33. Cities were surrounded by walls, as distinguished from "unwalled villages" ( Ezekiel 38:11 ; Leviticus 25:29-34 ). They were made thick and strong ( Numbers 13:28 ; Deuteronomy 3:5 ). Among the Jews walls were built of stone, some of those in the temple being of great size ( 1 Kings 6:7 ; 7:9-12 ; 20:30 ; Mark 13:1 Mark 13:2 ). The term is used metaphorically of security and safety ( Isaiah 26:1 ; 60:18 ; Revelation 21:12-20 ). (See FENCE .) biblestudytools.com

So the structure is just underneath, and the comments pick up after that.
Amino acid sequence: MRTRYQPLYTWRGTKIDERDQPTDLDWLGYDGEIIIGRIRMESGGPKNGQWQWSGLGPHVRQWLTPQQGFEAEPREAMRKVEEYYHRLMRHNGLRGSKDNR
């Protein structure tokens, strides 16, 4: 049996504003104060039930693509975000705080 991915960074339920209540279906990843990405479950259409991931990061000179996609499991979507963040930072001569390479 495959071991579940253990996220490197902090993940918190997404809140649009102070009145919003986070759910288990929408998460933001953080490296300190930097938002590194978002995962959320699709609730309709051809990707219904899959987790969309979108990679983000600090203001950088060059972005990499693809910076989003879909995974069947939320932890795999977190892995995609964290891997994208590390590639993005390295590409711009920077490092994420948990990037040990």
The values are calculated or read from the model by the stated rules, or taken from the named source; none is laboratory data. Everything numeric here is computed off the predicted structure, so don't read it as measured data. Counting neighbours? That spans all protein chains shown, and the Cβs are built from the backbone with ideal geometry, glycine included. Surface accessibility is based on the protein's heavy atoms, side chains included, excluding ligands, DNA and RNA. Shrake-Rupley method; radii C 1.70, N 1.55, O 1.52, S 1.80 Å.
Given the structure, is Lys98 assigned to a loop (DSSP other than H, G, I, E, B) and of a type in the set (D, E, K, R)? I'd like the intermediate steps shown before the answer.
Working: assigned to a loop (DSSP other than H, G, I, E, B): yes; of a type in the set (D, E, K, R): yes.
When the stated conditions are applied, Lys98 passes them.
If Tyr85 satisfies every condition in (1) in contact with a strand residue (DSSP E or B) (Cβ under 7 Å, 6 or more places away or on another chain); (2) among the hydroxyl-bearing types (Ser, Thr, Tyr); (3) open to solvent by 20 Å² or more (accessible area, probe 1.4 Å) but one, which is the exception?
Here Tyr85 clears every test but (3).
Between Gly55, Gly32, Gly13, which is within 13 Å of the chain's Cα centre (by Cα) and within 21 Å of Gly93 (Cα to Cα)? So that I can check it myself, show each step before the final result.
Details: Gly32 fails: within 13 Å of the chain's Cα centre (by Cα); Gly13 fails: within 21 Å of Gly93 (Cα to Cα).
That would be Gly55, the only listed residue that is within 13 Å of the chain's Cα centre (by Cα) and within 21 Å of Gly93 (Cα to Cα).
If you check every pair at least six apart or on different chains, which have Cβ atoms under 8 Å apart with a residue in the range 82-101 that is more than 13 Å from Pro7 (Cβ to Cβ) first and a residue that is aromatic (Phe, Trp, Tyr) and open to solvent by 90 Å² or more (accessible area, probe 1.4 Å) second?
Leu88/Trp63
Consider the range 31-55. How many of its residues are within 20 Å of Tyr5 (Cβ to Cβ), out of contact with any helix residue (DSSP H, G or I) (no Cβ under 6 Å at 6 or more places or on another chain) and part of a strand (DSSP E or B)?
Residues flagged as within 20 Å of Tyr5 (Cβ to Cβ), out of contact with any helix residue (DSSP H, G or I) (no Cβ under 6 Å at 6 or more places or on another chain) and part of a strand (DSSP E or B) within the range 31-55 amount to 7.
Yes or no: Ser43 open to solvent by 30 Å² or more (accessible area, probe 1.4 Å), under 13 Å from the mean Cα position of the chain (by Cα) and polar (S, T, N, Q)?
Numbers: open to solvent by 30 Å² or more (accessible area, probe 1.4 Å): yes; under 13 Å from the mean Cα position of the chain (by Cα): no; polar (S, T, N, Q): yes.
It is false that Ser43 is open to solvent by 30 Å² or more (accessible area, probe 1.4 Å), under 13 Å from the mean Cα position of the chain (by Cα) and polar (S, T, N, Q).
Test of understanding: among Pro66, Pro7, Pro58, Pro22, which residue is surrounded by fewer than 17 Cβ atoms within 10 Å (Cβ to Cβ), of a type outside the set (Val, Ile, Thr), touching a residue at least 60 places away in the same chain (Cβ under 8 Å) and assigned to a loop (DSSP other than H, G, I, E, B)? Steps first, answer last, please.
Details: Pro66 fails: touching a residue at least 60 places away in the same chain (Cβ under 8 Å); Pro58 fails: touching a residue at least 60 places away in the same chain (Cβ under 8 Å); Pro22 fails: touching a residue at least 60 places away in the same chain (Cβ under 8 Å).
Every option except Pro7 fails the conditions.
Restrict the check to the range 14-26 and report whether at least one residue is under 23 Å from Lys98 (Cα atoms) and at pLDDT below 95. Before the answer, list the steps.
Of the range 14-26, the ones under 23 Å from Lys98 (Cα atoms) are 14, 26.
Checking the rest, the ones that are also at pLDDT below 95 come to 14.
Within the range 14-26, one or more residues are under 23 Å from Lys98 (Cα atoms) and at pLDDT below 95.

34. wawl, n. an erection of brick, stone, &c. for a fence or security: the side of a building: (fig.) defence, means of security: in mining, one of the surfaces of rock enclosing the lode: (anat.) a paries or containing structure or part of the body: (pl.) fortifications.--v.t. to enclose with, or as with, a wall: to defend with walls: to hinder as by a wall.--n. WALL'-CLOCK, a clock hung on a walk.--adj. WALLED, fortified.--ns. WALL'ER, one who builds walls; WALL'-FLOWER, a plant with fragrant yellow flowers, found on old walls: a woman at a ball who keeps her seat, presumably for want of a partner--applied sometimes to men; WALL'-FRUIT, fruit growing on a wall; WALL'ING, walls collectively: materials for walls; WALL'-KNOT, a nautical method of tying the end of a rope.--adj. WALL'-LESS.--ns. WALL'-LIZ'ARD, -NEWT, a gecko; WALL'-MOSS, the yellow wall-lichen: the stone-crop; WALL'-PAINT'ING, the decoration of walls with ornamental painted designs; WALL'-P[=A]'PER, paper usually coloured and decorated, for pasting on the walls of a room; WALL'-PIECE, a gun mounted on a wall; WALL'-PLATE, a horizontal piece of timber on a wall, under the ends of joists, &c.; WALL'-SPACE (archit.), a plain expanse of wall; WALL'-SPRING, a spring of water running between stratified rocks; WALL'-TOW'ER, a tower built into and forming part of a line of fortification or a fortified city-wall; WALL'-TREE, a tree trained against a wall; WALL'-WORT, the European dwarf elder; HANG'ING-WALL, that wall of the vein which is over the miner's head while working, the opposite wall being called the FOOT'-WALL.--WALL A ROPE, to make a wall-knot on the end of a rope.--DRIVE TO THE WALL, to push to extremities; GO TO THE WALL, to be hard pressed: to be pushed to extremes; HANG BY THE WALL, to hang up neglected: to remain unused; PUSH, or THRUST, TO THE WALL, to force to give place; THE WALL, the right of taking the side of the road near the wall when encountering another person, as in the phrase to GIVE, or TAKE, THE WALL. [A.S. weall, wall; Ger. wall, both from L. vallum, a rampart--vallus, a stake.] gutenberg.org/ebooks/37683